A production schedule is a calendar that maps out the time frames of the main goals of the production. Often, this is controlled by a stage manager to ensure that the production team is meeting its deadlines and moving along effectively towards the finish line. This schedule should include information like scene breakdowns, rehearsal dates and times as well as performance dates. Each member of the team should have access to this schedule to ensure that targets are met and everyone is well informed on the where’s and when’s.


Unless you have already decided on the cast for your new show, it would be a good idea to hold auditions so that you can find the best matches for the roles in your play. Auditions are necessary in most production projects as it allows the director and producer to understand whether or not an actor is able to interpret the script and portray the character effectively. Auditions can be as simple or as complex as you see fit. Remember, that auditions can also be treated as an interview for people you have not worked with in the past. It is important to learn about a candidate’s educational background and production experience. Just because a person might be a reasonably good performer does not mean that they have the professionalism and work ethic to join your team. Fir this reason, holding audition can assist in making the best decision on who to hire.


This is the heart of the production process. Setting a time and place to rehearse will help translate the text into actions. This is where you will be able to break the script into segments and work on directing scene-by-scene. Rehearsals will help actors refine their acting, follow direction, build relationships and have fun while working. All you need is a space to work in, and you’re ready to start rehearsing!


This can make or break your show. Without an effective marketing strategy, don’t count on pulling in an audience. One the biggest goals for any producer is getting bums on seats. In order to do this, you need to create visibility around your upcoming show. There are a number of different ways to publicize your show and this may be influenced by your budget. However, with the availability of social media and online technologies, there is no excuse to not get your information out there.

Put together a press kit that you can send to local newspapers and arts/entertainment editors. You want to include important details like cast members, performances dates and ticket prices. Throw in a few high-resolution images and contact information. This will make the process easier for news organizations to feature your show in their publications. Remember, getting this together as soon as possible will be advantageous. There’s probably no point in sending out the press kit a day before a 3-day run.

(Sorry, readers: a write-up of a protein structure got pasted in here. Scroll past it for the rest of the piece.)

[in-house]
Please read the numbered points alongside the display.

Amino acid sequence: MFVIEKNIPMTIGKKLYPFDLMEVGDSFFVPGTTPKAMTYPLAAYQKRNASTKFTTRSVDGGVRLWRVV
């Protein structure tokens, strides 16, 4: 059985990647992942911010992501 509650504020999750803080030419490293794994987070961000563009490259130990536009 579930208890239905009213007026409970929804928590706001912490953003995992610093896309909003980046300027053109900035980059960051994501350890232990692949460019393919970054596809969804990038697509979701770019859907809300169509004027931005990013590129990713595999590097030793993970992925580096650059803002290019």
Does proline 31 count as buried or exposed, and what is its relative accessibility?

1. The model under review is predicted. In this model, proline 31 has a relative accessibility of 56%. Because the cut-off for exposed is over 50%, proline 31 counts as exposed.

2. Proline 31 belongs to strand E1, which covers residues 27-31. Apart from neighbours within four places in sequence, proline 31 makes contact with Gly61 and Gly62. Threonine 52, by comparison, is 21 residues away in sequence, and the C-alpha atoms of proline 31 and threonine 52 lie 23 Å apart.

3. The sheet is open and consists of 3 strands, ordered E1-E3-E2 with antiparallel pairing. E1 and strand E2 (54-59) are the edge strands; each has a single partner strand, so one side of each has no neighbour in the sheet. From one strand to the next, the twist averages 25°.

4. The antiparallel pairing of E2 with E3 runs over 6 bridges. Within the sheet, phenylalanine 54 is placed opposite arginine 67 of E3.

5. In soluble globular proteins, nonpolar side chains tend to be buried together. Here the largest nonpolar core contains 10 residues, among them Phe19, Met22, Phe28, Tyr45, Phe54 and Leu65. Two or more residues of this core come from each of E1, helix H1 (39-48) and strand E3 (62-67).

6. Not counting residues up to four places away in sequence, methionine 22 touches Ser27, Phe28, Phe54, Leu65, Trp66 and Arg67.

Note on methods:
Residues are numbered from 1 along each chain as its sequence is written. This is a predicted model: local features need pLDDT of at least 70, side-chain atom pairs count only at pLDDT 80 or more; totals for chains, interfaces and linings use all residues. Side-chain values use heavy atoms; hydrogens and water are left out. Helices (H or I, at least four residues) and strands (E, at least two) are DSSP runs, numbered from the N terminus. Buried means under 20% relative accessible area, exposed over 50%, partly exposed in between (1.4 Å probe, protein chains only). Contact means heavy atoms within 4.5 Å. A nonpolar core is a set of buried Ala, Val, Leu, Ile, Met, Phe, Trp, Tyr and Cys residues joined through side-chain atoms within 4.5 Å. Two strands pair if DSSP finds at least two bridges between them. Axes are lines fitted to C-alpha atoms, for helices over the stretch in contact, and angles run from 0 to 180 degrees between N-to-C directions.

Traditional marketing is still a great option when advertising a show, so consider printing out flyers and posters which will help increase the visibility of your show. Contact radio stations and see if they would be interested in interviewing you about your new show.

Create a Facebook page/event and share it with friends and family. There are also a number of online publications and blogs such as Artslink and Bizcommunity that have large emailing lists that you could send your press release to. You can also send it to us to feature on our Creative Careers news page!


You will need to set aside a day to handle the technical elements of your show. This is often a lengthy process, but is important if your show consists of sound, lighting and audio-visuals. The technical rehearsals allow technicians to customize the lighting rig, position the lights, adjust volumes and set the necessary cues for the show. This will help avoid any mistakes on the actual performances of the show.


You can finally say you did it! This is the moment you get to sit back and watch all your hard work transformed and packaged into a completed theatrical.

Making theatre is an exhilarating and life-changing experience. However, it does not come without it’s challenges. It is important that you use the experience to learn, grow and have fun. You have finally produced your first show and the possibilities from here onward are endless.

Keep the passion, keep momentum, and remember “opportunity dances with those already on the dance floor”.